Brecon Beacons Neuadd Valley round – sold down the river   4 comments

On my travels and walks over the last few weeks I’ve been extremely lucky with the weather. Good forecasts have come true and coincided with days when I was able to get out. That run of luck had to change sooner or later and this week it did.

With my new life of relative leisure I decided on day out in the Brecon Beacons. I’d long harboured a plan to walk the full length of the main escarpment. If you do it from the north it involves major effort and lots of road walking to get back to the start point so I thought that starting from near the Neuadd reservoirs in the south would be a better bet as well as maximizing the chances of sunshine at this time of year.

11 miles, 200 feet of ascent

The forecast was for a bright and cloudy morning with increasing sunshine through the day. I woke to a clear morning and frost on the car so I was with some enthusiasm that I headed for the hills after dropping D off at school. By the time I reached the car park there was a blanket of dark grey cloud and all the tops were deeply smothered in grey wet-looking stuff. Still I had the forecast of an improvement and there were some ever-so-faint glimpses of the sun behind the grey mass so I thought I’d go for it. I’d gone about 300 yards from the car before it started to rain!


Gloomy conditions at the start

I kept with my plan and trudged up the road towards the car park on the pass heading to the Tal-y-bont reservoir. I was taking the same upward route to the ridge as I’d done earlier this year on a walk around the Caerfanell valley (much better weather and photos). Whilst it was kind of atmospheric this time in the low cloud, it was damp, cold and windy.


Looking towards Tal-y-Bont

I reached the ridge without a break and just carried on along the escarpment towards Fan-y-Big. I saw nothing other than cloud the whole way. As I reached the top the cloud did lift a little and I got some views into the stunning perfect U-shaped valleys to the north.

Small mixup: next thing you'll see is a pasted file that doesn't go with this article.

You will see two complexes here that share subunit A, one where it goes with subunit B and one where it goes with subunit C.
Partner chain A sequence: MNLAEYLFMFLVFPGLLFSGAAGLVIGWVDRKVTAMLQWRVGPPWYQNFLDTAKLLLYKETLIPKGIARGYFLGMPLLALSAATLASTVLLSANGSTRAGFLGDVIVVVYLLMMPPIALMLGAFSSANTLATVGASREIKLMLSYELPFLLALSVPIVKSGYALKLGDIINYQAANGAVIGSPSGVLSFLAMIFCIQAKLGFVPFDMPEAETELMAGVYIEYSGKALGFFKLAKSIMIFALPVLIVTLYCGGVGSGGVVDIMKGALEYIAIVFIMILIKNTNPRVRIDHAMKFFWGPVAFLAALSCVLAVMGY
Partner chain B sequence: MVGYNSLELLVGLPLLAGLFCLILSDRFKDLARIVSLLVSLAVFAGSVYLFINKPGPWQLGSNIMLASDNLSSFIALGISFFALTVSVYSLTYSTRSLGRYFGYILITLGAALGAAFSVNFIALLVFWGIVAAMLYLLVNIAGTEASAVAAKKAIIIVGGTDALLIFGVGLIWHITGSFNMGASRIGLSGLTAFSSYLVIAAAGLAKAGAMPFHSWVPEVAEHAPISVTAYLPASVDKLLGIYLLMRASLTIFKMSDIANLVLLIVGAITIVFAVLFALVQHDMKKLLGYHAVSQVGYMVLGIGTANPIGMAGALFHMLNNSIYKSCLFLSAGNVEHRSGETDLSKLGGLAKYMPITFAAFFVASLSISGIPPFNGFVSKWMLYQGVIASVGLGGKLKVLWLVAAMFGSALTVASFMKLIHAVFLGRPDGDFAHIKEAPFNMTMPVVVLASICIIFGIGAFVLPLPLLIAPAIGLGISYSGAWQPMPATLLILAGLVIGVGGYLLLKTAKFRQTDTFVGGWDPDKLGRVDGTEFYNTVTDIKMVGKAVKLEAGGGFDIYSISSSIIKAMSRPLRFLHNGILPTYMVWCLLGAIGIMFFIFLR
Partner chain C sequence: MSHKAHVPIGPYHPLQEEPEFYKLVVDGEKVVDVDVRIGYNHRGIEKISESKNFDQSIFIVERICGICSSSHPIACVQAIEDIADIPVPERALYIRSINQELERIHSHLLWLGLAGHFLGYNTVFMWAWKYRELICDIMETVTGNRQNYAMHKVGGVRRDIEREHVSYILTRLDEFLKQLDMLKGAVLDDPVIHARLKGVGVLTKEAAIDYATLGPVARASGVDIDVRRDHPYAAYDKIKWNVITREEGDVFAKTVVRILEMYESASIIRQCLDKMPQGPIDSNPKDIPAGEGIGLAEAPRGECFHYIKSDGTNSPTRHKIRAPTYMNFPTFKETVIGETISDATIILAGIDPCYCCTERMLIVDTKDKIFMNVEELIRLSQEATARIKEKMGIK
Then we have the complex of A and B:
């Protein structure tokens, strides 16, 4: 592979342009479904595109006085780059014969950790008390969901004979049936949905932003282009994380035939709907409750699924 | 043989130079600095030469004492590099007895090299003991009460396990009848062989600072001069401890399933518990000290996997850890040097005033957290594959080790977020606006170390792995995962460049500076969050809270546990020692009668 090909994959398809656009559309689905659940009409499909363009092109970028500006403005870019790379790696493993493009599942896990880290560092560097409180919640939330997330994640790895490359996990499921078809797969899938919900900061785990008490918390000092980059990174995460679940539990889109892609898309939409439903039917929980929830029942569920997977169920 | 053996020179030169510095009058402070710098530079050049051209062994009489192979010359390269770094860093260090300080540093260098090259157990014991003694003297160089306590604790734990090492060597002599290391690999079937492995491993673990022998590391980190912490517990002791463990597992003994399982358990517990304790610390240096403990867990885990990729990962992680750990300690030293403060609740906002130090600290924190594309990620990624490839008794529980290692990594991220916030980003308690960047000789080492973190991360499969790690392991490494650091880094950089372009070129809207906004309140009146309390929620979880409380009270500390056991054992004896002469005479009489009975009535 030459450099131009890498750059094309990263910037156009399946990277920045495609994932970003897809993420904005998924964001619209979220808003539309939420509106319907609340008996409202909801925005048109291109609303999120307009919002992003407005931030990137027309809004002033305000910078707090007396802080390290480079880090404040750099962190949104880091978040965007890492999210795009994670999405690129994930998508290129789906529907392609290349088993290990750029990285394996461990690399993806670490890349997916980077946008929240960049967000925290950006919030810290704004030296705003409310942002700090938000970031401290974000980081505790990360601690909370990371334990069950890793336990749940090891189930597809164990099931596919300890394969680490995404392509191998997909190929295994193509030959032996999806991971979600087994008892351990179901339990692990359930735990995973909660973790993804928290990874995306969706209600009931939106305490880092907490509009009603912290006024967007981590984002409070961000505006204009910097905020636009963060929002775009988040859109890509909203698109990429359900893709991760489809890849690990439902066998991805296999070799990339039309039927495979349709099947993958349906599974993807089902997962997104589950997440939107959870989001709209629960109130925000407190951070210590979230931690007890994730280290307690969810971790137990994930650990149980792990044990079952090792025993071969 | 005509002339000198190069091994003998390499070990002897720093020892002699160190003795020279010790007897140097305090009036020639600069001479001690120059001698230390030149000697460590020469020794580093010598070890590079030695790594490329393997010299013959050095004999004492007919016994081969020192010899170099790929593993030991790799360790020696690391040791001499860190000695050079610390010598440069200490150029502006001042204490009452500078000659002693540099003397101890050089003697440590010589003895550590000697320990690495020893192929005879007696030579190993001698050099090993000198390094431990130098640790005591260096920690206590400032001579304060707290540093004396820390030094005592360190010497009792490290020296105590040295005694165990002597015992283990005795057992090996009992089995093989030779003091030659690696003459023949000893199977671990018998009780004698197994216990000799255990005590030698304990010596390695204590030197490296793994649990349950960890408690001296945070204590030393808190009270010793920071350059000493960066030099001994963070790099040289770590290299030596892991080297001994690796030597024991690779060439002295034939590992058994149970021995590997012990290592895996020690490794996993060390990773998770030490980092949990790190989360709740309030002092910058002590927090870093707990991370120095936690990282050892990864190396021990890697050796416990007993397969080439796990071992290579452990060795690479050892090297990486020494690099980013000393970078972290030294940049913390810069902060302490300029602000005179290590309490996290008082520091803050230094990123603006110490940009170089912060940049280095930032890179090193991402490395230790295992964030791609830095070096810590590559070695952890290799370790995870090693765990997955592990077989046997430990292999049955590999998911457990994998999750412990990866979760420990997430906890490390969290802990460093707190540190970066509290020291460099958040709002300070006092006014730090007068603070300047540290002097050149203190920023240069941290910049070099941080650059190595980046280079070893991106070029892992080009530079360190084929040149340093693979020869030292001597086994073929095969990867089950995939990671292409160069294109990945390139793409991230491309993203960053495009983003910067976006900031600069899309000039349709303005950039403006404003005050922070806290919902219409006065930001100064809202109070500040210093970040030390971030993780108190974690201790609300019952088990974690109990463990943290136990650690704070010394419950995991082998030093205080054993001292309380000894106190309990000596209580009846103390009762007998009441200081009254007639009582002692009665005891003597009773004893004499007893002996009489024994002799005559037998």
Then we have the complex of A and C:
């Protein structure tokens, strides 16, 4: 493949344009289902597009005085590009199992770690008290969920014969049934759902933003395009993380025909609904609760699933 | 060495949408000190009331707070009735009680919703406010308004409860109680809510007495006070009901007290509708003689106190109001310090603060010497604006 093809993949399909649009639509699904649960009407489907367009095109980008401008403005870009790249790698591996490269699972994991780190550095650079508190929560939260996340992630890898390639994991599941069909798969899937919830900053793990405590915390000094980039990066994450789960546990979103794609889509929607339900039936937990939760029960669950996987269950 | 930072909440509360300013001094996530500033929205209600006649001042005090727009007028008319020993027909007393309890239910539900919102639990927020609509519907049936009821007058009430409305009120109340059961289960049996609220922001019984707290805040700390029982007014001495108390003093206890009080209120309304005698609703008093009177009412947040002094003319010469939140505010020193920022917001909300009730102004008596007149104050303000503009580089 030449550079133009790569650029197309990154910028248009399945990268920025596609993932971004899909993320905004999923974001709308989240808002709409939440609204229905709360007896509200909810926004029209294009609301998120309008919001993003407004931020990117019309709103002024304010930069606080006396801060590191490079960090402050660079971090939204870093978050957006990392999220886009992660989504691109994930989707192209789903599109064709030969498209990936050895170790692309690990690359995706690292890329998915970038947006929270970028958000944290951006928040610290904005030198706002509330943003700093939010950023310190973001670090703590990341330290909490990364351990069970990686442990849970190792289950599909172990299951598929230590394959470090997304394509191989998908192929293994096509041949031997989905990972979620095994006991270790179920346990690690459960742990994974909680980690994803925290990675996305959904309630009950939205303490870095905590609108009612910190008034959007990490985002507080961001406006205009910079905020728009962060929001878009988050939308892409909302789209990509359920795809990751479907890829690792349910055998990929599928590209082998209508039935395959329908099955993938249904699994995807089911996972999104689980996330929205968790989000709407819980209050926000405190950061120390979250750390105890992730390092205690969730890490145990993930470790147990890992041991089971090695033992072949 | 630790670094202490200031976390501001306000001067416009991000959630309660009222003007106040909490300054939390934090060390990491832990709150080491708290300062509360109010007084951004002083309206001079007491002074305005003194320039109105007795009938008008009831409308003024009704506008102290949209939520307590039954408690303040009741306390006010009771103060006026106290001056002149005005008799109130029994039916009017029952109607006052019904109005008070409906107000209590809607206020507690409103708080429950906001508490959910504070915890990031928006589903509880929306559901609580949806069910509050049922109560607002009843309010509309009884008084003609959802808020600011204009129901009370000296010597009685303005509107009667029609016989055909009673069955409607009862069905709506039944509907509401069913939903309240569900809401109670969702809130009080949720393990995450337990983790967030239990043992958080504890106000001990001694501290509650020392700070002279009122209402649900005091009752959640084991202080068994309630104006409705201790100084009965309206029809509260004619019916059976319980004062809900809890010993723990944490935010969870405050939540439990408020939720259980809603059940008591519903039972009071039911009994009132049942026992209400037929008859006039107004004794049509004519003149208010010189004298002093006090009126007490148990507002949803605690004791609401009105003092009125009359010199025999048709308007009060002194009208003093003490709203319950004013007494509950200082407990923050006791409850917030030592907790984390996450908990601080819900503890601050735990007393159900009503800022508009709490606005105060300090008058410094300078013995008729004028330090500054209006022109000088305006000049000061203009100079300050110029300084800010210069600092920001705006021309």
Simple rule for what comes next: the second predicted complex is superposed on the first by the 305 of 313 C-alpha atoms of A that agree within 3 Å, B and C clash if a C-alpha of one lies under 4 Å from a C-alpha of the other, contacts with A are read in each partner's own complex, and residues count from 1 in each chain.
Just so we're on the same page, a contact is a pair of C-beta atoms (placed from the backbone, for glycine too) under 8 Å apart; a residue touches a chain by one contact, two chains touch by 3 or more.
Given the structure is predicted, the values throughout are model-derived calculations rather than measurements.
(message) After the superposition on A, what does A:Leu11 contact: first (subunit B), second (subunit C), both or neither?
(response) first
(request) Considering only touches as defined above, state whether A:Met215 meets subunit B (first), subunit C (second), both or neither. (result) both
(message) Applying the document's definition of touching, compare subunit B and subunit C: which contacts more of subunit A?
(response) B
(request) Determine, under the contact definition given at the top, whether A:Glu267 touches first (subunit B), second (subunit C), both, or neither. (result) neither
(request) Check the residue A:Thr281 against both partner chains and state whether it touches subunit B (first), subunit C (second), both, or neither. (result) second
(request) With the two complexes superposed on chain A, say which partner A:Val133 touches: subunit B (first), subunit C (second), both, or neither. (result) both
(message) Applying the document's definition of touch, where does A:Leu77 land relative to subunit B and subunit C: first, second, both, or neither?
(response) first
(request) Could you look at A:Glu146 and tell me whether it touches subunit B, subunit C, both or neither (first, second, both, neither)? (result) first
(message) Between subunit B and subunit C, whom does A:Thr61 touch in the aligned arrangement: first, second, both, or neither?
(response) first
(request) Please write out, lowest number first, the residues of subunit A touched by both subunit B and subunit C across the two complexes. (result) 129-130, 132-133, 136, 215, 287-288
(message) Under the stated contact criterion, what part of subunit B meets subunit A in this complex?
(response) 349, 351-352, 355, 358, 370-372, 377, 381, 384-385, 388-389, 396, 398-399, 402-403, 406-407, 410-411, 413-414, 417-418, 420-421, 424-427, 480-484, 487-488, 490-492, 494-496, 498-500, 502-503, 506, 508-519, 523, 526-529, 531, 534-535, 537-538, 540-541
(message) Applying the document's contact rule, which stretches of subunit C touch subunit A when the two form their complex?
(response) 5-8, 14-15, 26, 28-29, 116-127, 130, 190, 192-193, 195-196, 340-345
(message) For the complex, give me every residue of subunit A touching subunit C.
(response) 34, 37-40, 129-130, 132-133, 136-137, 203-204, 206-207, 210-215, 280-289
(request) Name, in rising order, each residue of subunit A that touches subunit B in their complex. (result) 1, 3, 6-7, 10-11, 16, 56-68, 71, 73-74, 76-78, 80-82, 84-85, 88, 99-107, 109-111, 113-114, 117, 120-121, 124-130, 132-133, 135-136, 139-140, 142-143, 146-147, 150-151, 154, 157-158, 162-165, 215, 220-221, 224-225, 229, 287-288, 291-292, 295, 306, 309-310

Cwm Oergwm



I dropped down to the col before the climb to Cribyn and seeing as it was still in the murk I saw no point in climbing to the top. I followed one of the sheep-tracks that curve under its NE face which at least allowed me to get out of the wind and have a long rest to recuperate after walking all the way from the car without a break. It’s a great situation and as I was out of the cloud I felt a little brighter.


Cribyn NE Face



Refreshed I carried on and took up the chance to walk one of my favourite paths that traverses directly across the N face of Cribyn. If you’ve never done this I urge you to give it a go. It’s easy to find the start from either end and you can still climb/descend the north ridge of Cribyn either before or after to take in the summit. It’s an airy traverse but never difficult as long as you have a head for heights. Today it was out of the cloud and the grim conditions gave it more of a brooding atmosphere


Looking west across Cribyn N face


Looking east across Cribyn N face

All through the day I’d been clinging to the hope that the weather would turn. When I reached the col before the climb to Pen-y-Fan I decided enough was enough. It looked dark and miserable (if anything worse than earlier) further on so I abandoned the plan and just headed off on the path back to the car. The path traverses the south slopes of Cribyn all the way to the col under Fan-y-Big before picking up the roman road back down the valley. I’d in effect walked all around Cribyn so that was minor interesting achievement to the day. Alas the walk back to the car didn’t improve my mood. The Neuadd valley is a great round at high level but the valley itself and the long roman road are a little dull especially on a dreary day like this. To add insult I was trying out my new boots and had the wrong sock combination on so I had sore feet and blisters as a result. It became a grim route march that was totally out of character with my normal mountain mindset and I reached the car in a pretty dismal frame of mind